Watchdog being watched

Watchdog being watched

The state's spending watchdog is operating under a financial cloud.

A toothless state oversight board is demanding an explanation from state Auditor General Frank Mautino about nearly $500,000 in questionable expenditures from Mautino's campaign fund.

But people ought not get too excited about the answers Mautino has promised to provide. There's so much smoke here that it's hard to imagine there's not a fire lurking beneath, a conflagration that ought to draw the attention of federal prosecutors.

Mautino's aware of that risk. That's why he's retained prominent Springfield defense lawyer Bill Roberts to represent him.

But the request from the Illinois State Board of Elections undoubtedly complicates Mautino's situation vis a vis expenditures from his campaign fund.

The board, specifically, is requesting an accounting of $213,000 in expenditures for gasoline and vehicle repairs between 2005 and 2015 at a service station owned by a political friend.

The board also wants Mautino, a former Democratic legislator from Spring Valley, to explain roughly $300,000 in payments for campaign services to a bank that does not provide campaign services.

A Mautino public relations spokesman put a positive spin on the board's action, asserting that it "narrowed the scope of its inquiry into Frank Mautino's campaign spending."

"Frank will be working with his team to amend his campaign reports by July 1 in an attempt to resolve these questions," said spokesman Ryan Keith.

Despite news accounts, the Mautino affair has mostly escaped much public attention for weeks now. But it represents another potentially big scandal in state politics — that of the state's leading financial watchdog coming under investigation for questionable spending of campaign funds.

Further, it threatens to pull back the curtain not just on Mautino's campaign spending practices but those of other members of the Illinois House and Senate.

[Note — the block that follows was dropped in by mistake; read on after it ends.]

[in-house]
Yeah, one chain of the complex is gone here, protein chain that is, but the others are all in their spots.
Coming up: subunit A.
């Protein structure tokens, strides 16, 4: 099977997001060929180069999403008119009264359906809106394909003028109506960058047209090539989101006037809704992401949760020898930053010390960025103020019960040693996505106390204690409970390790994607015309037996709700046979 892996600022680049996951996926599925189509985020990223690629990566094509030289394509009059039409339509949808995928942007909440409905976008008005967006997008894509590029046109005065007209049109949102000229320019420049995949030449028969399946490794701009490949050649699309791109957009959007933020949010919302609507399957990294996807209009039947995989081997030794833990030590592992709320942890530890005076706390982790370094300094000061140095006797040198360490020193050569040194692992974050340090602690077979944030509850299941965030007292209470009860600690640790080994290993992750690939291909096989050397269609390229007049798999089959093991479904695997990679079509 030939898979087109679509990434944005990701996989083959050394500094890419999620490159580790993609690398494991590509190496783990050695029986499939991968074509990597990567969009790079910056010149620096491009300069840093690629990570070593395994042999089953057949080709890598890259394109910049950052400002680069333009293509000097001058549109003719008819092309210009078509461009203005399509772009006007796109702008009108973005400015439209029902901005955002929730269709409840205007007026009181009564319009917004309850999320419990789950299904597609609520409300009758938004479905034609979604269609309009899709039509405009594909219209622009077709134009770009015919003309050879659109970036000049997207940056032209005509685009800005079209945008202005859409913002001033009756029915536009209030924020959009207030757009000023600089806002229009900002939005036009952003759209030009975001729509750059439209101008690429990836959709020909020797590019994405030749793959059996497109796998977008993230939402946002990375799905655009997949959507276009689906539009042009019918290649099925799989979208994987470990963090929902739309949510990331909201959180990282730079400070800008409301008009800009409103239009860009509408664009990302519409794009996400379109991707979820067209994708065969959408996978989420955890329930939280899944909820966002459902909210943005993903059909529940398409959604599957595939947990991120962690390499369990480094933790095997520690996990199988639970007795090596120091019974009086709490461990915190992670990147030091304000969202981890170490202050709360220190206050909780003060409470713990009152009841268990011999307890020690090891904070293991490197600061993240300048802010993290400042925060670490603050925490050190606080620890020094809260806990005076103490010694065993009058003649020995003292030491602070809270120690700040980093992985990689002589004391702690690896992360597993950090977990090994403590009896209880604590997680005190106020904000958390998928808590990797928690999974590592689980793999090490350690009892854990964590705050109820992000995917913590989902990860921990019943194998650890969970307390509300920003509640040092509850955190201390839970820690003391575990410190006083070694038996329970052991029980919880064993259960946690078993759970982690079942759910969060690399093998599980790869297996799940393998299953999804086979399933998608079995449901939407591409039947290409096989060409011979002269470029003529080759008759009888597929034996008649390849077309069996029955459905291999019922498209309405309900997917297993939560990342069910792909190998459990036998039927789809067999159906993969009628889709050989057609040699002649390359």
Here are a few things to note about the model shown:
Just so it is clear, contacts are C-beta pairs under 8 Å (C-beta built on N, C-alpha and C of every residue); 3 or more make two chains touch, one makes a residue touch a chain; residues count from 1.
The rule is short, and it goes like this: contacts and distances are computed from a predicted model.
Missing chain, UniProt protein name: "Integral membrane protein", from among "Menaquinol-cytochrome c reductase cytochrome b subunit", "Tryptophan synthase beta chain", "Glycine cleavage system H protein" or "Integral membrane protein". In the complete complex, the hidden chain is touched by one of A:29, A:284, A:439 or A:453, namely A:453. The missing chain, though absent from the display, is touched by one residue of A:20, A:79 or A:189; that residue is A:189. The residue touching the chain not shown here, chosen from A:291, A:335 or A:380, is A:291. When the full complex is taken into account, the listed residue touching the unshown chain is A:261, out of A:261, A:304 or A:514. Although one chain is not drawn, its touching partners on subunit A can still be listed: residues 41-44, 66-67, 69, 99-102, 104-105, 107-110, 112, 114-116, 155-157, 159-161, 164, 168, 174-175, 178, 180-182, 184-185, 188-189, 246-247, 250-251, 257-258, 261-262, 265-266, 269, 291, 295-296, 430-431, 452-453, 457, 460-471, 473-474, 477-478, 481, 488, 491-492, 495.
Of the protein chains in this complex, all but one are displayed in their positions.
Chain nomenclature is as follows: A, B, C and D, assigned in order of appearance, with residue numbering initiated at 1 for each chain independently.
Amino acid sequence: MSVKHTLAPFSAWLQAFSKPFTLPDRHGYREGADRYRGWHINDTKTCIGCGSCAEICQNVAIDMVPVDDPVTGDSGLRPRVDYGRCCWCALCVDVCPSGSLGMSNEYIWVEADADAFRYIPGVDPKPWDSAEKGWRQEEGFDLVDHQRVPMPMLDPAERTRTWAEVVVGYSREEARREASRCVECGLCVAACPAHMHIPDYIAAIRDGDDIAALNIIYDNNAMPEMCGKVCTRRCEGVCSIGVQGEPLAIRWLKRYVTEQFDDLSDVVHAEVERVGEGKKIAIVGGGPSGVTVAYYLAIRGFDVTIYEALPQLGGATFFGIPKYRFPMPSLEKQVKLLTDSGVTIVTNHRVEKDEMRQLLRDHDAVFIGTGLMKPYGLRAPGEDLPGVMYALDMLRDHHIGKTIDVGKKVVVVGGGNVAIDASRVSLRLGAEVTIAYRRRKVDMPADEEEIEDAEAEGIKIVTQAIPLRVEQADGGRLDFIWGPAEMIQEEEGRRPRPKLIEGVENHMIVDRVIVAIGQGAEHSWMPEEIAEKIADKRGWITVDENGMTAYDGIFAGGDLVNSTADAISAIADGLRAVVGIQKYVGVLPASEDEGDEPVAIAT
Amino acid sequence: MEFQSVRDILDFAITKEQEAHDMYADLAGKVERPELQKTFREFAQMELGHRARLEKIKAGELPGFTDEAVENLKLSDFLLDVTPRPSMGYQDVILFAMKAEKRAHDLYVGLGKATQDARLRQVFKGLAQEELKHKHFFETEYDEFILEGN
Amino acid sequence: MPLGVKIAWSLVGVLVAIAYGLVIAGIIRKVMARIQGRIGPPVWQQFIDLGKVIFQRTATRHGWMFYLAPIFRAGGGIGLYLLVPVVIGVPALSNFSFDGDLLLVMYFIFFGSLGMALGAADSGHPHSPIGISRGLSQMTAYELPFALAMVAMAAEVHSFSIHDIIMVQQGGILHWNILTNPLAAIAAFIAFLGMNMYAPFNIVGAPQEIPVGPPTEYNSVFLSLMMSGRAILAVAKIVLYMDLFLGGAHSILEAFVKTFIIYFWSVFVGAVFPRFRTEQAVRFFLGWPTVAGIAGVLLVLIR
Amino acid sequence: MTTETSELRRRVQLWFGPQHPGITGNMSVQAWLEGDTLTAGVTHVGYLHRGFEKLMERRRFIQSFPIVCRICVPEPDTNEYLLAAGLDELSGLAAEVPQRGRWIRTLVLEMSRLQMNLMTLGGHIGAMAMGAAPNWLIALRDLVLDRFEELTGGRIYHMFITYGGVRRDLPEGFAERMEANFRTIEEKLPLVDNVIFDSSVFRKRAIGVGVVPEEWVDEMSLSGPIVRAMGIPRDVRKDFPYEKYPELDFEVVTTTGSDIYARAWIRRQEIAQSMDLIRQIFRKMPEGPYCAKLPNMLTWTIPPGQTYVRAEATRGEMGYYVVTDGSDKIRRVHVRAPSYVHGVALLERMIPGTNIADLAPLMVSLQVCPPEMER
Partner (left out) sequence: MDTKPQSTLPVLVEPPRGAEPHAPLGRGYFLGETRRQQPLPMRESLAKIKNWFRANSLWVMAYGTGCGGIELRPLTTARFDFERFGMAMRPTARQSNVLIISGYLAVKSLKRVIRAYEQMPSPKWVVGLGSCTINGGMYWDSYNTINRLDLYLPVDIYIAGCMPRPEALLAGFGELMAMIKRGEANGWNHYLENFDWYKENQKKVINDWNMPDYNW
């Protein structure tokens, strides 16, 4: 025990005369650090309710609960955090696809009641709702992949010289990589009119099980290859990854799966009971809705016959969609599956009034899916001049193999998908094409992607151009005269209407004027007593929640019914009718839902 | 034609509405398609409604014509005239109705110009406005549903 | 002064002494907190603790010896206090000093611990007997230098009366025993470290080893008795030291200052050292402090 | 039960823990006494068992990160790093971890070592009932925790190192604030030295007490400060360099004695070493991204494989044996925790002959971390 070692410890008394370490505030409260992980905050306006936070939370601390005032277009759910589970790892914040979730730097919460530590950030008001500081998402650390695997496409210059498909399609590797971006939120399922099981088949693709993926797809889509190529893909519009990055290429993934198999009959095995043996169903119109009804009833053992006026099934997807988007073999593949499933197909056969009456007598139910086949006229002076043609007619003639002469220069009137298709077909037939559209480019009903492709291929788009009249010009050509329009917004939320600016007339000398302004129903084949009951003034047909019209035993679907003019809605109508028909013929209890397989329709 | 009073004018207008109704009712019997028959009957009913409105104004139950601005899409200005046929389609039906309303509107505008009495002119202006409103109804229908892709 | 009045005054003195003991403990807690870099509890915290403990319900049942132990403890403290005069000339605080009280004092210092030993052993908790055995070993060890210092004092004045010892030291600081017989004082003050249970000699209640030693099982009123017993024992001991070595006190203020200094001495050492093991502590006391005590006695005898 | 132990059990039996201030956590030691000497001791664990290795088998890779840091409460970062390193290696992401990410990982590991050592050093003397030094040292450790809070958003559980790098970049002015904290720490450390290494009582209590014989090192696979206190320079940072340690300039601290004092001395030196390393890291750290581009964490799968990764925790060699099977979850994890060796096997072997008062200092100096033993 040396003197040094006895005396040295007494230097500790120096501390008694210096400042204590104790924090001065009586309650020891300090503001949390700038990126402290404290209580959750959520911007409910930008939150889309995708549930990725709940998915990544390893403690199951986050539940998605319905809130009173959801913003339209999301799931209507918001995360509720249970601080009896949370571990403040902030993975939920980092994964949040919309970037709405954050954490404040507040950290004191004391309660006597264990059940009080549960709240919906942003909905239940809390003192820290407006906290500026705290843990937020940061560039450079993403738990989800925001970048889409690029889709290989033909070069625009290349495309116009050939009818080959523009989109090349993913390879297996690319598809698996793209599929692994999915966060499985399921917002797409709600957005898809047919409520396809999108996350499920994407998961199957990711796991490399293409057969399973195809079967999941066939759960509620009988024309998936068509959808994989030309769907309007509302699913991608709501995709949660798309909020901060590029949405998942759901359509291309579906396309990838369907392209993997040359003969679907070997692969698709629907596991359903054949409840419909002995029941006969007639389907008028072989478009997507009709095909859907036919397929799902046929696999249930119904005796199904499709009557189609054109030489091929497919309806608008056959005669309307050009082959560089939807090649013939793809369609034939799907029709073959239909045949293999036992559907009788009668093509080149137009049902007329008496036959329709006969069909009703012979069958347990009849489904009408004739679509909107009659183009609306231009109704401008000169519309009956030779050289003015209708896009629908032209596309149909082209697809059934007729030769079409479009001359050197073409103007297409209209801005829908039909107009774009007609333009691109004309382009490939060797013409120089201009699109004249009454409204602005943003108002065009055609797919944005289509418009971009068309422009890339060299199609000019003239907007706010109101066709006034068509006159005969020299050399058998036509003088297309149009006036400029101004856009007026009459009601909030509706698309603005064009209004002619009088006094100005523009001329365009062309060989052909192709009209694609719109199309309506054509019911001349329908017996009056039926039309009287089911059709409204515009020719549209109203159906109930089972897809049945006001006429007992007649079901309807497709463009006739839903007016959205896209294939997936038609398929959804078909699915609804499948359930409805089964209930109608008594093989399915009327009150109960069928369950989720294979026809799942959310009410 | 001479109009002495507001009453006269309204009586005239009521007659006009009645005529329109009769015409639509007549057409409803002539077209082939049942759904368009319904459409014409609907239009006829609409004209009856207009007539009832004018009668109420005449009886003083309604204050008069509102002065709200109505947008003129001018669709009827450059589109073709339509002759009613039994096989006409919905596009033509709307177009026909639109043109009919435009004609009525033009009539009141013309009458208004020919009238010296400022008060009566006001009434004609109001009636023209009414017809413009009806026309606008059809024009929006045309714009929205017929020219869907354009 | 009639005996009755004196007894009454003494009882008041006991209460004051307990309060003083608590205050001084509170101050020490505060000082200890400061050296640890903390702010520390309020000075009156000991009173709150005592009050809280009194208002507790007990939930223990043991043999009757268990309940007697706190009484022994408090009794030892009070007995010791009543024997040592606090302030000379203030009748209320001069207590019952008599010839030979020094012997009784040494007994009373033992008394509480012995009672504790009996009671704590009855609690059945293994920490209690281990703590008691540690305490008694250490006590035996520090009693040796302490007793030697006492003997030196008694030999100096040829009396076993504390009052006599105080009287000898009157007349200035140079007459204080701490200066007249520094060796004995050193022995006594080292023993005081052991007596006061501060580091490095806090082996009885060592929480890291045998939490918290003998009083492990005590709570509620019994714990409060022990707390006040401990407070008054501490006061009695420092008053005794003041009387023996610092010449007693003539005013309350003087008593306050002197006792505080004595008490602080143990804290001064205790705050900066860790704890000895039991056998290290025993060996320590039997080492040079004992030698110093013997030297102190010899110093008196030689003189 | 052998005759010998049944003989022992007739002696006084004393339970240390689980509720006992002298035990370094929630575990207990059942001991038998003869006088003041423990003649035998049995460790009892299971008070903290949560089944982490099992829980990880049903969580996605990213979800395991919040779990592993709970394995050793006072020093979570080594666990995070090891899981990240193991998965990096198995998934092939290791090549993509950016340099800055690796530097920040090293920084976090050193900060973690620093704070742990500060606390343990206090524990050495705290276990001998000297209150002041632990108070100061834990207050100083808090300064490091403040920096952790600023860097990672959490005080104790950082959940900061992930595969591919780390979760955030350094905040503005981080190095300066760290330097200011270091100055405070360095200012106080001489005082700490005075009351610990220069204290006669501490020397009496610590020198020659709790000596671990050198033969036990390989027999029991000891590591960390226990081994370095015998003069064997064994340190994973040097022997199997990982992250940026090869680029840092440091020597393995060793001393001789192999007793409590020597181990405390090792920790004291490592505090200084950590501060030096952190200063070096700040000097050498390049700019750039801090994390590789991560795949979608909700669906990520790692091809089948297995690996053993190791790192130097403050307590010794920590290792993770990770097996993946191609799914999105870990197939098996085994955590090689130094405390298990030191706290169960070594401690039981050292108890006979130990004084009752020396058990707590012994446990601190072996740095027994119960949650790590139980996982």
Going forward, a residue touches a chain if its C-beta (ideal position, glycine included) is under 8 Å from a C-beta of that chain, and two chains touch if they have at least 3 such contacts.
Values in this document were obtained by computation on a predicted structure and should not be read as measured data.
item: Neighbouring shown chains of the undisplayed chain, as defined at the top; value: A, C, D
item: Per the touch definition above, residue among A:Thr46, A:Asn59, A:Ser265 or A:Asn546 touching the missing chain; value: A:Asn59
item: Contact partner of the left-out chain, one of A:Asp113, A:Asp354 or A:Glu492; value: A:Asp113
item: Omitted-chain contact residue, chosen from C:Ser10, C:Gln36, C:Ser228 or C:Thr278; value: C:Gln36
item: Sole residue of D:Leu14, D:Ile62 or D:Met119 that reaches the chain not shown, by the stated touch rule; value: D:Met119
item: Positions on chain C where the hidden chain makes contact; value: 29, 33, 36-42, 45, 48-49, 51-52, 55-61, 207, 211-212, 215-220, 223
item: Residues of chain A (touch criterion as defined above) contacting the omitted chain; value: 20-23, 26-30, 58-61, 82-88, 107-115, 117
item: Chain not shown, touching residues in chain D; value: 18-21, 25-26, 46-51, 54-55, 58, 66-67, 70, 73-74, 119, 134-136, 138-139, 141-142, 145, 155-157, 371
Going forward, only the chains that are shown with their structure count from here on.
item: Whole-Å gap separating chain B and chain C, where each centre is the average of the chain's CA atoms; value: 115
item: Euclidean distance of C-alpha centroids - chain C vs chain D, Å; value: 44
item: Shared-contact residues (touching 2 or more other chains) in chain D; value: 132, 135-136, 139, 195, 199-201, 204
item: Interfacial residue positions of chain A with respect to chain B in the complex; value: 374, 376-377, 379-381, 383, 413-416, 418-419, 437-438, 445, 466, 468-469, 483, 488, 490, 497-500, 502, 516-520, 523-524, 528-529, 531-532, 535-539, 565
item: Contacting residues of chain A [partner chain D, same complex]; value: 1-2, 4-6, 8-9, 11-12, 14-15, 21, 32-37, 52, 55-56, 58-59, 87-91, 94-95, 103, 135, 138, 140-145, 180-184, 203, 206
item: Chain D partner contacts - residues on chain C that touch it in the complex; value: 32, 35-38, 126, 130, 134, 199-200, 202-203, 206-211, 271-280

Although Illinois law doesn't provide much oversight of campaign spending, it does provide the illusion of oversight. The rules are written so vaguely that just about anything goes short of withdrawing money from campaign funds and putting it directly in one's pockets.

Given the frightfully negative appearance — a spending watchdog under investigation for financial improprieties — Mautino ought to resign his office and deal with his campaign spending problem on a private basis.

But he's a pol from the old school, a veteran legislator from a political family and a former member of House Speaker Michael Madigan's leadership team. Indeed, Madigan played a big role in making Mautino, a poor choice to start with, auditor general.

Now the auditor general's office is under a cloud.

There's not much in state government in which people can take pride. But the auditor general's office has long had a solid reputation as an agency that fearlessly oversees executive branch spending practices, identifies problems and recommends solutions.

It'll be hard to maintain that reputation going forward unless one of two unlikely events happens:

— Mautino provides solid explanations for his bizarre spending practices.

— He steps down.

Absent those possibilities, it's looking like another rough ride down a scandal-ridden political pathway for the people of Illinois.

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